On Steve Bartman

On Tuesday night, I watched the ESPN documentary Catching Hell directed by Alex Gibney.

The film debuted at the 2011 Tribeca Film Festival, and it was excellent.

The show's premise is to explore how society typically tries to simplify failure.  Rather than see all of the miscues that contribute to not succeeding, people tend to focus on one shortcoming or perceived shortcoming to create a "scapegoat."

"Catching Hell" focuses on two such scapegoats in baseball history--one being that of Chicago Cubs fan Steve Bartman.

In October of 2003 at a Cubs playoff game, Bartman, along with seven other fans reached out to catch a foul ball that was hit near the stands. 

Bartman's hand was closest and interfered with Cubs outfielder Moises Alou causing the player to miss the ball--and what would have been an out.

What happened next to Steve Bartman, in the short and long term, was shameful. 

Television coverage and announcers singled out Bartman.

A near riot at the stadium ensued.

His face invoked anger among fans.

Talking heads like ESPN and ABC's Michael Wilbon spoke of "hatred" for Steve.  Really, hatred...

He received multiple death threats.

Then Illinois Governor Rod Blagojevich (the same character who was later impeached and convicted of a range of crimes) fueled the fires by trying to be funny in announcing that there would be "no pardon" for the young man.

The press published Steve Bartman's name and home address--police then had to provide 24 hour security at his residence.

His life was forever altered.

Even almost ten years later, Bartman lives the life of a hermit living and working in the Chicago area. 

His friends say that he put the incident behind him, but to preserve his family's privacy, he won't even apply for a credit card--trying to prevent some still angry fan from tracking him down.

All this for simply trying to catch a foul ball at a game.

Something almost anyone else in the same situation would have done.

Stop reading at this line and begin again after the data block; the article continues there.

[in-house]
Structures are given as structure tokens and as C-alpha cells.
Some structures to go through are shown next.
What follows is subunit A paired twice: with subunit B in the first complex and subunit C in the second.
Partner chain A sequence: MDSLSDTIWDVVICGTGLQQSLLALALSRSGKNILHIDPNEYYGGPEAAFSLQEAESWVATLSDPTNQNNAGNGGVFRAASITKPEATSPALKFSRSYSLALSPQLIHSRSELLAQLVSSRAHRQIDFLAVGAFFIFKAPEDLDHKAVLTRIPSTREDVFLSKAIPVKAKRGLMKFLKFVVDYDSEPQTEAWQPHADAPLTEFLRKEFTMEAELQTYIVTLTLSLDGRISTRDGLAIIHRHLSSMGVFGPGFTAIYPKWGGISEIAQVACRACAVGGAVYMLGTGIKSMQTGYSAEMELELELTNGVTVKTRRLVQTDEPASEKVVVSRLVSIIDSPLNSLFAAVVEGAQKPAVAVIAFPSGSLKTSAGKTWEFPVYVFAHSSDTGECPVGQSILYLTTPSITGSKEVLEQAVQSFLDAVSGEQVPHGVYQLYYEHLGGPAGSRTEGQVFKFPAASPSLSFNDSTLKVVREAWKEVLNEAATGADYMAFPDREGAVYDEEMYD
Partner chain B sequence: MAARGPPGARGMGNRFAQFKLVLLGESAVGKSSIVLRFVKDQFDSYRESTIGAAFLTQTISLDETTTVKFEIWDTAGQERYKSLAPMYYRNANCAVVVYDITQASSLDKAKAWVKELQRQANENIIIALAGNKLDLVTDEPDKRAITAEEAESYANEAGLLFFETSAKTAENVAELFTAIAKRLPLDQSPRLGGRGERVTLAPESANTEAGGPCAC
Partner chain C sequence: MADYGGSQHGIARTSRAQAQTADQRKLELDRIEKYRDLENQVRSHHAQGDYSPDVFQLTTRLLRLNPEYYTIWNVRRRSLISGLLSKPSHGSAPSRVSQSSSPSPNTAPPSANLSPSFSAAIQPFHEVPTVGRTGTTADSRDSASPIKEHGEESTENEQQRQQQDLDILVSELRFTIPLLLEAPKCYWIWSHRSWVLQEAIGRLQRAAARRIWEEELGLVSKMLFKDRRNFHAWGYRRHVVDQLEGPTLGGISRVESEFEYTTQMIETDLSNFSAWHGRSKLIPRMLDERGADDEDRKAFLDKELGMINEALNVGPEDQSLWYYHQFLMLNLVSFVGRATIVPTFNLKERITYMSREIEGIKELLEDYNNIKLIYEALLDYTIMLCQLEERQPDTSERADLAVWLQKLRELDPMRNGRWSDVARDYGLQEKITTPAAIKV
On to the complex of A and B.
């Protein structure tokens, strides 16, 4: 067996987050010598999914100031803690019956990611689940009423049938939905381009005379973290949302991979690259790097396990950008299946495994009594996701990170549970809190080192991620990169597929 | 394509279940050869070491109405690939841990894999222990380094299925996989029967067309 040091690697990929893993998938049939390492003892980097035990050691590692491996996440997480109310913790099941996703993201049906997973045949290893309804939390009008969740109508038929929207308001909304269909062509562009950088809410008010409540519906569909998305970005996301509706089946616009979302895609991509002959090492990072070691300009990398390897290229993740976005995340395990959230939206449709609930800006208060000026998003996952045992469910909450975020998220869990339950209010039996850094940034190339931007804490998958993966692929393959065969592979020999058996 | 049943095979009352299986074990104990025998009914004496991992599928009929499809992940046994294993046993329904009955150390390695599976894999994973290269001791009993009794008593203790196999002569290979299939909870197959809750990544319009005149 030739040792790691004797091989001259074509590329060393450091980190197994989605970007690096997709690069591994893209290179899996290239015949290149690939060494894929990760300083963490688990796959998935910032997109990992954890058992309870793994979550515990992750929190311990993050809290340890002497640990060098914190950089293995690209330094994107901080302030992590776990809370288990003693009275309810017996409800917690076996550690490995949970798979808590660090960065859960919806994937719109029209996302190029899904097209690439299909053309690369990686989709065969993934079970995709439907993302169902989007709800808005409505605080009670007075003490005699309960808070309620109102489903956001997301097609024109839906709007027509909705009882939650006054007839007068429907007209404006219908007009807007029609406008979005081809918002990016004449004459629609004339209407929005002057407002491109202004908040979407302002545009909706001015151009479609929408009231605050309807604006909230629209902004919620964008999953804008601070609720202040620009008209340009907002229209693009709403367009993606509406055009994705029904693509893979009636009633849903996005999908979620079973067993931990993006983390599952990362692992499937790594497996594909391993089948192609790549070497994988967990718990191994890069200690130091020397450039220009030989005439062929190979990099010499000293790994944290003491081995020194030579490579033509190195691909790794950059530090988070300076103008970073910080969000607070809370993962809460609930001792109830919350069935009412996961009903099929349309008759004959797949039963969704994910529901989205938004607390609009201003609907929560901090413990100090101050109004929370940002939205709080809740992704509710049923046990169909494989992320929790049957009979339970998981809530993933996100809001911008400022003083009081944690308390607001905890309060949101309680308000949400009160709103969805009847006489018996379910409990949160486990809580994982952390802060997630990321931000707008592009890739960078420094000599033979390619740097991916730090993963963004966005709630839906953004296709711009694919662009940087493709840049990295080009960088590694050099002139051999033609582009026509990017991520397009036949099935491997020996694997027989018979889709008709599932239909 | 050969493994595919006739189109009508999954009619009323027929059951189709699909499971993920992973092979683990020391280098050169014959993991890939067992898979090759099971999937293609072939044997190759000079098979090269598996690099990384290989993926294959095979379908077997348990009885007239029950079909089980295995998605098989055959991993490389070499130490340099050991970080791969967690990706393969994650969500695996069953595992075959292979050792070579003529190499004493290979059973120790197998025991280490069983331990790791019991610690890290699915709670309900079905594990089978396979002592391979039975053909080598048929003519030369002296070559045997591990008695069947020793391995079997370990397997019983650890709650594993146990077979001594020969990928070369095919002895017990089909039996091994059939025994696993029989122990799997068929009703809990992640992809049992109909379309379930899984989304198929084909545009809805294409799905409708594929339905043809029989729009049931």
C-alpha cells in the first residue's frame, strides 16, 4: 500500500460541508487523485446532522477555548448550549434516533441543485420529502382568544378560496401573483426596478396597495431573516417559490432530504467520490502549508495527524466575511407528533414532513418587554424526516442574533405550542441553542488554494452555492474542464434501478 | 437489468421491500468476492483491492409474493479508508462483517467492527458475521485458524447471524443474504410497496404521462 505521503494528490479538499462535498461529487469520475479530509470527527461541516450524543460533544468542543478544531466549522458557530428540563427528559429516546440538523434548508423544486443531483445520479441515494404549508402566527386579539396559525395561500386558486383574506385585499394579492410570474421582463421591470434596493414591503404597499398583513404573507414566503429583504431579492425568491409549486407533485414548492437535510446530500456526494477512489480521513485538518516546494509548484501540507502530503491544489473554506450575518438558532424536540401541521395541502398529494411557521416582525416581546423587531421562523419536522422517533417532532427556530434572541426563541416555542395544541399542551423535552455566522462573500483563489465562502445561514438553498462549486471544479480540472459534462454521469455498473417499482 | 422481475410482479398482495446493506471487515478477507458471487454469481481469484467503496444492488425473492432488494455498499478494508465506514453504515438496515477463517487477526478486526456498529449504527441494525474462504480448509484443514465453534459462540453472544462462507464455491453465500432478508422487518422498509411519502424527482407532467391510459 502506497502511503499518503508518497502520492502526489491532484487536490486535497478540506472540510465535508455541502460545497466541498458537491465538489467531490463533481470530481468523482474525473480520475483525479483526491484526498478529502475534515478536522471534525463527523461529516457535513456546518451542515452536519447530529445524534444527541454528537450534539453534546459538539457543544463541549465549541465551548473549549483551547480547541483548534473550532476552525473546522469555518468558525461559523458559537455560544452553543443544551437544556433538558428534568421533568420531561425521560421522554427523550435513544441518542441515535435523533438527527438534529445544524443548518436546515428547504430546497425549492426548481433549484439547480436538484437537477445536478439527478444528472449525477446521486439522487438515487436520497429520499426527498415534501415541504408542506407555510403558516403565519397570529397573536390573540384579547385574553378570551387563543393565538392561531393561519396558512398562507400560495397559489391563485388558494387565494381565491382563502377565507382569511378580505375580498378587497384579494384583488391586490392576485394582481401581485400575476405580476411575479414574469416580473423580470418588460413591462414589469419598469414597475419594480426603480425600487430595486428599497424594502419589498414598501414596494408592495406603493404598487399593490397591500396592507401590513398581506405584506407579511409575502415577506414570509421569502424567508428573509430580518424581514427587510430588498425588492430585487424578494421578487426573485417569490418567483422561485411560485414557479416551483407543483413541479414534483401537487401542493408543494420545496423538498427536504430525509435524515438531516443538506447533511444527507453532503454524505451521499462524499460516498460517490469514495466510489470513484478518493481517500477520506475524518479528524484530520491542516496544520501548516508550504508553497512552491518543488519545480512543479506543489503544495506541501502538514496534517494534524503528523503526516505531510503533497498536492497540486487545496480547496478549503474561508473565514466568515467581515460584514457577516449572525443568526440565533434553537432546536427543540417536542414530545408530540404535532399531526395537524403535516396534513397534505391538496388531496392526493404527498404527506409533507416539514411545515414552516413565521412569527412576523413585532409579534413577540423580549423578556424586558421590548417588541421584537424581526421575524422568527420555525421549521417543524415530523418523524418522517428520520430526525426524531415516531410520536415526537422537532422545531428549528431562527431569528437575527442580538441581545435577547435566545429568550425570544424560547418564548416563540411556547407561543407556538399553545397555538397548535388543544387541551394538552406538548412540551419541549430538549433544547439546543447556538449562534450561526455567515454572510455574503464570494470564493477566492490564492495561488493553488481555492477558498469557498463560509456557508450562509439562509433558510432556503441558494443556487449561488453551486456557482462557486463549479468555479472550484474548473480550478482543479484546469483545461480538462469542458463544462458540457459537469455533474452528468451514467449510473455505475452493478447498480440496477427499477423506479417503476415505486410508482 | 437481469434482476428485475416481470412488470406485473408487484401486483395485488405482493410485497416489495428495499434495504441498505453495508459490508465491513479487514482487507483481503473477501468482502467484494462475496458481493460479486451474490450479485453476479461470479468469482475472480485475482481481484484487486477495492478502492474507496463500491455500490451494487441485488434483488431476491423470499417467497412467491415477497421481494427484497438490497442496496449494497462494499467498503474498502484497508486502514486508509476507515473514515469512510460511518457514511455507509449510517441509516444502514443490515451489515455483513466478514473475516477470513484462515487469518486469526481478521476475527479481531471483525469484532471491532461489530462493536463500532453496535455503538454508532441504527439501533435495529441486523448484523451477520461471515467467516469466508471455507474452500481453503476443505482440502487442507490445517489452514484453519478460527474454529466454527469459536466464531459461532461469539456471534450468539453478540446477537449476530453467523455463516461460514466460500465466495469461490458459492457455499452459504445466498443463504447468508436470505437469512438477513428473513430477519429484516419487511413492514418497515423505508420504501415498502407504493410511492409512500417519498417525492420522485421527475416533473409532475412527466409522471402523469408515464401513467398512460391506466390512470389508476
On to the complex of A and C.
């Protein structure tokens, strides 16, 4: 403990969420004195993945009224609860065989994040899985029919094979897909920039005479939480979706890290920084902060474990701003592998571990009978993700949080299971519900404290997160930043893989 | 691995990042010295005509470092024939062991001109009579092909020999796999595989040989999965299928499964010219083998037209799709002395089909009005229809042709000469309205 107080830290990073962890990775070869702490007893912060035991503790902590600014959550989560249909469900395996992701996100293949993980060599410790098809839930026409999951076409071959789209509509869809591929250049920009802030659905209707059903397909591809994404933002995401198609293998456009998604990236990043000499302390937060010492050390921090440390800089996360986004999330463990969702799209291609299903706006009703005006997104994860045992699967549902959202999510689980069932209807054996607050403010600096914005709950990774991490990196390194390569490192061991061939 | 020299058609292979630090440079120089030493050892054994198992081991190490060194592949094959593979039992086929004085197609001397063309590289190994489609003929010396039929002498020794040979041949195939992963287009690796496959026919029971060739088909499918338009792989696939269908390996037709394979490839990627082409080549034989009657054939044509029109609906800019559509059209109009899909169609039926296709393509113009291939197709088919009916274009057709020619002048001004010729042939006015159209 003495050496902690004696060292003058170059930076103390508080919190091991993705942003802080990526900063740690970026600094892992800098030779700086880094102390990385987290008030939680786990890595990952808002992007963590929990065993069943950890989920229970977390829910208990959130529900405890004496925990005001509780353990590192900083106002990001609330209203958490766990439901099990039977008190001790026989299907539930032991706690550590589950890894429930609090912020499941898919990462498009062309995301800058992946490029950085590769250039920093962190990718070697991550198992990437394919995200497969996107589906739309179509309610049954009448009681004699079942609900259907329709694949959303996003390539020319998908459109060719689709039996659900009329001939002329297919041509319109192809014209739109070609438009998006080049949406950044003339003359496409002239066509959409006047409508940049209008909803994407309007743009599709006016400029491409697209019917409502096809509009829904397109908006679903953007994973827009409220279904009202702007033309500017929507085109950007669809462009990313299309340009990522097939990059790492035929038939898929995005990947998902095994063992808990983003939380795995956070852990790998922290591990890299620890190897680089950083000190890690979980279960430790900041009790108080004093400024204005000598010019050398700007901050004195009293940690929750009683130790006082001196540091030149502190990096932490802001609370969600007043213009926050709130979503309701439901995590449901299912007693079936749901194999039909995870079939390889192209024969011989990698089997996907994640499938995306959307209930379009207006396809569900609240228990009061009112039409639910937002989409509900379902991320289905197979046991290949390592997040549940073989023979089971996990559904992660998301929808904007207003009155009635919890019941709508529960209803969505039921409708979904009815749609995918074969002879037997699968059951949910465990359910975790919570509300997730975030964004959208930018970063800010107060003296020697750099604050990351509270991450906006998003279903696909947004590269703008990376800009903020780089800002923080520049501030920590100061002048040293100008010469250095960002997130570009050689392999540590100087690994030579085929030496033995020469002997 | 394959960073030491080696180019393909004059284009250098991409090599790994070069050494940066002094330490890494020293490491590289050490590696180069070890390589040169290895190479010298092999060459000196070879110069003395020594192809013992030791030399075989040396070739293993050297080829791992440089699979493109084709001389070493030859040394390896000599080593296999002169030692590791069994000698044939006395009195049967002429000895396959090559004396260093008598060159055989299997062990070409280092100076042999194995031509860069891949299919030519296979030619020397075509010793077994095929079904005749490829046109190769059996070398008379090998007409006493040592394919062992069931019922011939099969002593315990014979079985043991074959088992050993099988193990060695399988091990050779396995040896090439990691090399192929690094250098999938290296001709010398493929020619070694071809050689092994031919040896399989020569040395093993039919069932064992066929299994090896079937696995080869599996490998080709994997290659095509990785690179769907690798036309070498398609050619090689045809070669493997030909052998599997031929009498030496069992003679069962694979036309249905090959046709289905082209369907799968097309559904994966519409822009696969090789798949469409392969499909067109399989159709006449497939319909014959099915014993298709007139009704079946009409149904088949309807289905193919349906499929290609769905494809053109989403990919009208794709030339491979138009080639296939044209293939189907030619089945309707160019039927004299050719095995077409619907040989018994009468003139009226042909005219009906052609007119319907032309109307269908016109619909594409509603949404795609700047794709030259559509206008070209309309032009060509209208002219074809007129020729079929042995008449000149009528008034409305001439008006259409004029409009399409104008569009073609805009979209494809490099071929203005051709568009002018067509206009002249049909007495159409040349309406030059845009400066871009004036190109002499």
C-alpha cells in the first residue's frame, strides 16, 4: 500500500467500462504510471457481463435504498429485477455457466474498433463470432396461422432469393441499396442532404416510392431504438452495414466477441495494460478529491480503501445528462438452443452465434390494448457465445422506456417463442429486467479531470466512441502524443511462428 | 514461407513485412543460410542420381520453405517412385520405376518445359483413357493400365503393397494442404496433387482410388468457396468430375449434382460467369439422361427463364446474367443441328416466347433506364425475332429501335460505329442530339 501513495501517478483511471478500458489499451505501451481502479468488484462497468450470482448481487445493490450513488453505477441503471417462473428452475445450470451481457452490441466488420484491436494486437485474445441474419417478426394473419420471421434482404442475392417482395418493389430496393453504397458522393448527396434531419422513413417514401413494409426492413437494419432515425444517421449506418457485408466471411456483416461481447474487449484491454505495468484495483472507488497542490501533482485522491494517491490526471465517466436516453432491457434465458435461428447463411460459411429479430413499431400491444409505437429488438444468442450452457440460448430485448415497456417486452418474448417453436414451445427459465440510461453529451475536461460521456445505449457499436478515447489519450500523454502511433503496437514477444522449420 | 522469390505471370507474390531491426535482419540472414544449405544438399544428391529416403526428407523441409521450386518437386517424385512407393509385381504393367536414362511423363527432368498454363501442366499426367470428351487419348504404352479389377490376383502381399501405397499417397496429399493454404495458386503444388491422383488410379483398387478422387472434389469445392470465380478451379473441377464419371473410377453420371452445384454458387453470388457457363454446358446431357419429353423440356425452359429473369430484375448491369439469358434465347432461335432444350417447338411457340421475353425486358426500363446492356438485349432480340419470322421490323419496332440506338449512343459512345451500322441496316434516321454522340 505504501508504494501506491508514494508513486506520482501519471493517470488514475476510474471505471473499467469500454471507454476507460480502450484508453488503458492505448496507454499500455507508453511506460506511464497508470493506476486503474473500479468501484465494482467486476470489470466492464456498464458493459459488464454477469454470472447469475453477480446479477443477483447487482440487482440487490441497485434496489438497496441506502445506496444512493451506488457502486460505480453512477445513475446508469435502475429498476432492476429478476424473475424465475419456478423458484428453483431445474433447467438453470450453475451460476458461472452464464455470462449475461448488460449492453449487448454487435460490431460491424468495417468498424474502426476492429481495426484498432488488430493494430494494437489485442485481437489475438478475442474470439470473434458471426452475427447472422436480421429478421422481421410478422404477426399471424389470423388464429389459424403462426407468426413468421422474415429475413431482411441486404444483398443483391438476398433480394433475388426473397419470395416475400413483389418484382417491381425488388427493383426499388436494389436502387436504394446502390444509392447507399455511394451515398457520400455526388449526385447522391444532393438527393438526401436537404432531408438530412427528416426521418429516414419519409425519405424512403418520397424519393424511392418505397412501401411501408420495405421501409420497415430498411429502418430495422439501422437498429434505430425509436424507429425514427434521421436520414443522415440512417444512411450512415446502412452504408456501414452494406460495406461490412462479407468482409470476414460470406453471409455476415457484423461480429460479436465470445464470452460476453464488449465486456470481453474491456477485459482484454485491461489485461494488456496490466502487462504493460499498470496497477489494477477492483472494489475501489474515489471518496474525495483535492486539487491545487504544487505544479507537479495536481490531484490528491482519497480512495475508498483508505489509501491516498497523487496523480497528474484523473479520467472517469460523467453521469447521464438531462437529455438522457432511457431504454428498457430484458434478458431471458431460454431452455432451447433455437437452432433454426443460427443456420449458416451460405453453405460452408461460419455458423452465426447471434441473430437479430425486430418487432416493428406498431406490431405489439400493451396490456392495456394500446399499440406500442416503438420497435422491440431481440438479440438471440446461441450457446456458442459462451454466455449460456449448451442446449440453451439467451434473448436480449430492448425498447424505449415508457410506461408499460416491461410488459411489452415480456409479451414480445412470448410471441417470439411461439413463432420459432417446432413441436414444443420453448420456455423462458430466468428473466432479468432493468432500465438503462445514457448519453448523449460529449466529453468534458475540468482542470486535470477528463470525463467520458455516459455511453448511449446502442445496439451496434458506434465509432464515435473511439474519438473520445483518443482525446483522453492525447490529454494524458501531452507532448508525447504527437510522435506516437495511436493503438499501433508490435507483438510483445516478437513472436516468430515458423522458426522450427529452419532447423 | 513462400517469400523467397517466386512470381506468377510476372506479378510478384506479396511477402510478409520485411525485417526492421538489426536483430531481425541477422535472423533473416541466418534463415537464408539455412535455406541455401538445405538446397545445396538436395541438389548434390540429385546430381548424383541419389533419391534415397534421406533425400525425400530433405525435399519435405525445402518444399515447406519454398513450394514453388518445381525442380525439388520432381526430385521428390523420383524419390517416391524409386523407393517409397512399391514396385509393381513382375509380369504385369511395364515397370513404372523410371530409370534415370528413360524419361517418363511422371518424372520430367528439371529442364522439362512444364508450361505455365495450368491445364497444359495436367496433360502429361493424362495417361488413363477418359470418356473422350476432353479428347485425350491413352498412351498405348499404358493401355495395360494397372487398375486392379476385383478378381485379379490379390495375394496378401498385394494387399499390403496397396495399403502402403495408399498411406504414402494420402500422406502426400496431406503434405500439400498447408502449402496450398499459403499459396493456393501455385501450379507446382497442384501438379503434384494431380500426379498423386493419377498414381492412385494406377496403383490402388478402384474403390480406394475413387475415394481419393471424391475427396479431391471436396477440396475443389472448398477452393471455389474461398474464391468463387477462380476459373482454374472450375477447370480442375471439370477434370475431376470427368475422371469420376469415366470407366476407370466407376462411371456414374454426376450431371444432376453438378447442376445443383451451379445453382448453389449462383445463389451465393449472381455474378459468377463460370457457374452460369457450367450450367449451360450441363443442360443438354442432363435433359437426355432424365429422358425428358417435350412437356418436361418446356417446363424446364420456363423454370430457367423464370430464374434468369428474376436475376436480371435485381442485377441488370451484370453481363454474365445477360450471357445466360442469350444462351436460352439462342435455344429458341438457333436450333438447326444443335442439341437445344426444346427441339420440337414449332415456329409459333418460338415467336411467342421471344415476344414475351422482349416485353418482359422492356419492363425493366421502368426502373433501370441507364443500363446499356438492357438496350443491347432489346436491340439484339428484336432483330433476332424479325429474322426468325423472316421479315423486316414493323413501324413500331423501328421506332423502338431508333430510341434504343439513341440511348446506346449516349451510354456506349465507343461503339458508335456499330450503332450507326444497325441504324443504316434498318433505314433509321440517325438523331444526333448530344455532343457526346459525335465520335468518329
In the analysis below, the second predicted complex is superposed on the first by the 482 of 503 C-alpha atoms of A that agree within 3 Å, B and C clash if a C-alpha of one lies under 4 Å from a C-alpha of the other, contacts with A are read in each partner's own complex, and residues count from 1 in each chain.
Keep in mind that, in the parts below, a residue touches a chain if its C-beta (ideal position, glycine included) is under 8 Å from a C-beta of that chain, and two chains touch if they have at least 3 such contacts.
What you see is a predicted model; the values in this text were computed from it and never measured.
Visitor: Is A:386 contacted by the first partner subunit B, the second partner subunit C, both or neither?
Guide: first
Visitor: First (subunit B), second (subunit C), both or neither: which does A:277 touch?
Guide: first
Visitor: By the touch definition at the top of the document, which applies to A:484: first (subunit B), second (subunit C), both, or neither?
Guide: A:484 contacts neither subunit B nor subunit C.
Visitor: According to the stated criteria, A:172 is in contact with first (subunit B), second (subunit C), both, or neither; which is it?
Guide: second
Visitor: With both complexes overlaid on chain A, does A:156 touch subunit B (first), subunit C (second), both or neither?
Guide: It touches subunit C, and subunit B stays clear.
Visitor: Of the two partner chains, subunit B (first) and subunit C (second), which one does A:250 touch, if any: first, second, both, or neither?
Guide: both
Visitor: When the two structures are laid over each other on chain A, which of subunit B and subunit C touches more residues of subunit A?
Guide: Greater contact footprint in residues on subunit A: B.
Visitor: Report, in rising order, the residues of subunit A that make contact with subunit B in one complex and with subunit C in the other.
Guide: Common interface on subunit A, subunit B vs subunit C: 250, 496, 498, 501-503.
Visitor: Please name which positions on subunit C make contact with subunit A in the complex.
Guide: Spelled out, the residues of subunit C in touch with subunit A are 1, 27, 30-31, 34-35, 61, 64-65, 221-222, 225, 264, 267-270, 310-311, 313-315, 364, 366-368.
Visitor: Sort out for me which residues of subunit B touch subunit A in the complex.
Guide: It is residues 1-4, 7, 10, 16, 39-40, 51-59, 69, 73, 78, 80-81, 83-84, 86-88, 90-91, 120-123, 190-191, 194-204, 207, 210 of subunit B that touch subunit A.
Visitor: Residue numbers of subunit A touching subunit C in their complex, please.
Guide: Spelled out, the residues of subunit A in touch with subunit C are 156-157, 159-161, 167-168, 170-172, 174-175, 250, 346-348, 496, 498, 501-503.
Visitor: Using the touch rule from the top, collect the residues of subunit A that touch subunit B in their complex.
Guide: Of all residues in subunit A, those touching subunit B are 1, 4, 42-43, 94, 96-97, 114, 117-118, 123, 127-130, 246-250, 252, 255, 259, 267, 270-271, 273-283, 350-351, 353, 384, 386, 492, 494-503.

Strange how life is.

One unsung hero from this sad tale was Erika Amundsen who worked security during the game.  She helped Steve escape the angry mob at the stadium and hid him in a secured area until the game ended.

She then helped him to change his appearance, and led him away from the stadium where she tried to secure a cab--so that Steve could get home. 

When Steve was recognized on the streets, the pair fled to Erika's nearby apartment where she allowed him to take refuge until the early hours of the morning. 

She risked her personal safety and offered her own residence to someone that she had never met--a person who could have been a serial killer for all she knew. 

But, she just saw him as a person in need.

Erika was finally able to get a vehicle to shuttle Steve home.

With the show detailing her compassion and courage, I hope that Erika's actions are now recognized and rewarded.

It is not something that many folks would have done.

In any event, the documentary is moving and well worth your time.

Though if you are a sports fan like me, it will have you reflect on priorities and how low on the list that sports should actually be.


Lipstick said...

My goodness...that makes my head spin. Sort of reminds me of the security guard who was the bomb suspect at the 96 Atlanta Olympics...seems like it was an agonizingly long time before he was exonerated.